David Lahey is the founder of Predictive Success Corporation and has been a certified Predictive Index (PI) analyst since 1988. He received his training as a certified PI facilitator and has been a global leader in PI Worldwide for several years. In the past, Lahey’s experience working with people and growing business units has included clients such as Microsoft in both Canada and the United States. Lahey’s work and insights have been featured in the Globe and Mail, the Province, the Calgary Herald, the Star Phoenix, and the Financial Post, as well as on CBC Radio. And, in 2013, Predictive Success was named to the Profit 500.
Really think about the individual
Do they have high potential? How will they take a bad review? What is causing their performance falloff? What’s their cognitive ability? What’s their potential like? Tools such as our Professional Learning Indicator or other cognitive assessments can help. Employees may be performing badly because they’re bored, or perhaps their cognitive ability is not what’s needed for their particular job. Managers may also want to look at personality productivity throwback—this will give an indication of your blind spots—both positive and negative. Use this to put together a recovery plan or a coaching-for-success plan.
Act like a coach
Get the employees to think about how they can get to be the best version of themselves in their roles. If a performance review is seen as a development tool with a work plan to get better in the role, then everyone wins. If it’s seen as negative browbeating, then there’s no upside.
Consider conducting them in real-time or on the fly
A number of companies have started doing this. Too many performance reviews are performed because they have to be. Once completed, they are placed in an HR record and never looked at again. If a company is going to hold performance reviews, they need to mean something and be used to develop individuals.
Prepare the review after looking at the individual’s personality assessment
We’re seeing a trend in the use of the PI before sitting down to a performance review. By using the PI, they’ll know how to best deliver good news or a tough message to the employee. It’s important to be aware of the behaviours and drives of the person getting the review and to understand how the information will be received.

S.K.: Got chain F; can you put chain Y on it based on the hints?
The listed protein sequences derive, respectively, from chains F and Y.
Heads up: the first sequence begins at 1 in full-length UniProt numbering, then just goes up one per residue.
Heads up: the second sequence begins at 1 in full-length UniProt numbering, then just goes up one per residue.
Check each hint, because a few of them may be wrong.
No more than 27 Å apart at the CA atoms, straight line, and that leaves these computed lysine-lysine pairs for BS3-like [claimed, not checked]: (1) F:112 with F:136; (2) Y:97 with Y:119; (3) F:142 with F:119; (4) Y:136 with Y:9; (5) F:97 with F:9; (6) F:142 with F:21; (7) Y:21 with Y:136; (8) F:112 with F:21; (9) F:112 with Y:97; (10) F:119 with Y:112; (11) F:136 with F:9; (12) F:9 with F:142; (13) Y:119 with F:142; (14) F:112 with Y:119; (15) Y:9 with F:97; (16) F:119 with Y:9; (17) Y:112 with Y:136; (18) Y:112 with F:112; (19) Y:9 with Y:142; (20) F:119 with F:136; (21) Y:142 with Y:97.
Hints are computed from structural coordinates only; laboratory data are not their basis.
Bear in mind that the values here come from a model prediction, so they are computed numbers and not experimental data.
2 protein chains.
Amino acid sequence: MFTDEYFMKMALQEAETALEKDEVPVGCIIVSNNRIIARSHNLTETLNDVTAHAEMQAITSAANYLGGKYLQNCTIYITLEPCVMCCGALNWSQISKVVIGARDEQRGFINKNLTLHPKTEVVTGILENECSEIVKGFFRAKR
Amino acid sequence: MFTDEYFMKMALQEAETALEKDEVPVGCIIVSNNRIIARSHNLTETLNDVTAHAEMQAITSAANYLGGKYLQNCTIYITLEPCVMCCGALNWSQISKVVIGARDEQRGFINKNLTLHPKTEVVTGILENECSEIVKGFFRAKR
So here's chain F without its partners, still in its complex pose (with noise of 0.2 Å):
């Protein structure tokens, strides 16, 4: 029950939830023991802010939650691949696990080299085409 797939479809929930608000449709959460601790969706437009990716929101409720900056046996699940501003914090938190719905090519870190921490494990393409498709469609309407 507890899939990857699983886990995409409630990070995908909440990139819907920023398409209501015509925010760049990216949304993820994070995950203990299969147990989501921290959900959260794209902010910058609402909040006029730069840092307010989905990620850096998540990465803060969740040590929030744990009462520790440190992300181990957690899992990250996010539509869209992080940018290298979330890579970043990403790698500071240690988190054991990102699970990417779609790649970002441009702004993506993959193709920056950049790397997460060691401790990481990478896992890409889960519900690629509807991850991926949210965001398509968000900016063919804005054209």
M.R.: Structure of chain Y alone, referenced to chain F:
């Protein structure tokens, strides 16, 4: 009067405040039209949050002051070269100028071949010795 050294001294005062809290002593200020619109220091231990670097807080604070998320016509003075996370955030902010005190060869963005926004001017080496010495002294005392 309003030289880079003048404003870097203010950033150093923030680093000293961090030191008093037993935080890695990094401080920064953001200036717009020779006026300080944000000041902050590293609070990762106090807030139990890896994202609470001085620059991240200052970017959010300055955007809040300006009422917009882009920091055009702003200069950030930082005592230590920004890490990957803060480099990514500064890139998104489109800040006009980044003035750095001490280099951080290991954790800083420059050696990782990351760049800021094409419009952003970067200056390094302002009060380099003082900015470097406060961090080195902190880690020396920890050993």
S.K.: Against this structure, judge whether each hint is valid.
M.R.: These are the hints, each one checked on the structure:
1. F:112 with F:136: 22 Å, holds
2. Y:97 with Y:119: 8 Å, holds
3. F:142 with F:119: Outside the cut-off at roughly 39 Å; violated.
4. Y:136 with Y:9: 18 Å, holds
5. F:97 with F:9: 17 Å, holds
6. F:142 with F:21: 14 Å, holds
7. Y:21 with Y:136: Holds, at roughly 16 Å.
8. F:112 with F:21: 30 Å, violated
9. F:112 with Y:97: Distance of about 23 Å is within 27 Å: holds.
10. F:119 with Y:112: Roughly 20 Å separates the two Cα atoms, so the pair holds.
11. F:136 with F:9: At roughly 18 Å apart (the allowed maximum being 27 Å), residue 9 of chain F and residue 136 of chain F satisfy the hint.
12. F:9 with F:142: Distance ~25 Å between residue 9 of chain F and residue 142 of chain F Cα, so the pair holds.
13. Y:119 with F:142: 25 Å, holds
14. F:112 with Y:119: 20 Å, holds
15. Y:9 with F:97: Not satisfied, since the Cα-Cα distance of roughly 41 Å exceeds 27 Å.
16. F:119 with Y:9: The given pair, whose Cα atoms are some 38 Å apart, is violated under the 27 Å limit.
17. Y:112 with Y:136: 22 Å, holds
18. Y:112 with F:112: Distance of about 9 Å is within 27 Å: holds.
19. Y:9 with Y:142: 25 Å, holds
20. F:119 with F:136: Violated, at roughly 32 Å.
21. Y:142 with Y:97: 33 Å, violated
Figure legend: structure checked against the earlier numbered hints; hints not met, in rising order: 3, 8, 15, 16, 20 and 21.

They should focus on the entire past year
There’s a trend happening where reviewers are focusing on current events that have happened within the week or days before the performance review. Instead, they should be diarized for the whole 12-month period.
Book performance reviews one year in advance
A lot of times, they’re booked a few weeks before. They need to change from a tick mark on the HR requirements checklist to an opportunity to deliver feedback and coaching in real time all the time. The best time to implement corrective action or to give coaching is immediately or very close to the event. Plus, people’s memories can change over time.
Look at the gap-fit analysis
Look at the professional requirements of the job and how the individual’s Performance Requirement Options fit the individual’s personality. How big is this gap? Is it too big? Is the individual in the wrong role?
Beware of bottlenecking; this is a productivity challenge
This is a trend we’re seeing. There’s not as much talent as there are jobs. It behooves managers to be careful in performance reviews. You need to turn performance reviews into development reviews so that talent doesn’t leave due to a bad review. If you don’t, talent will leave, and turnover can be costly.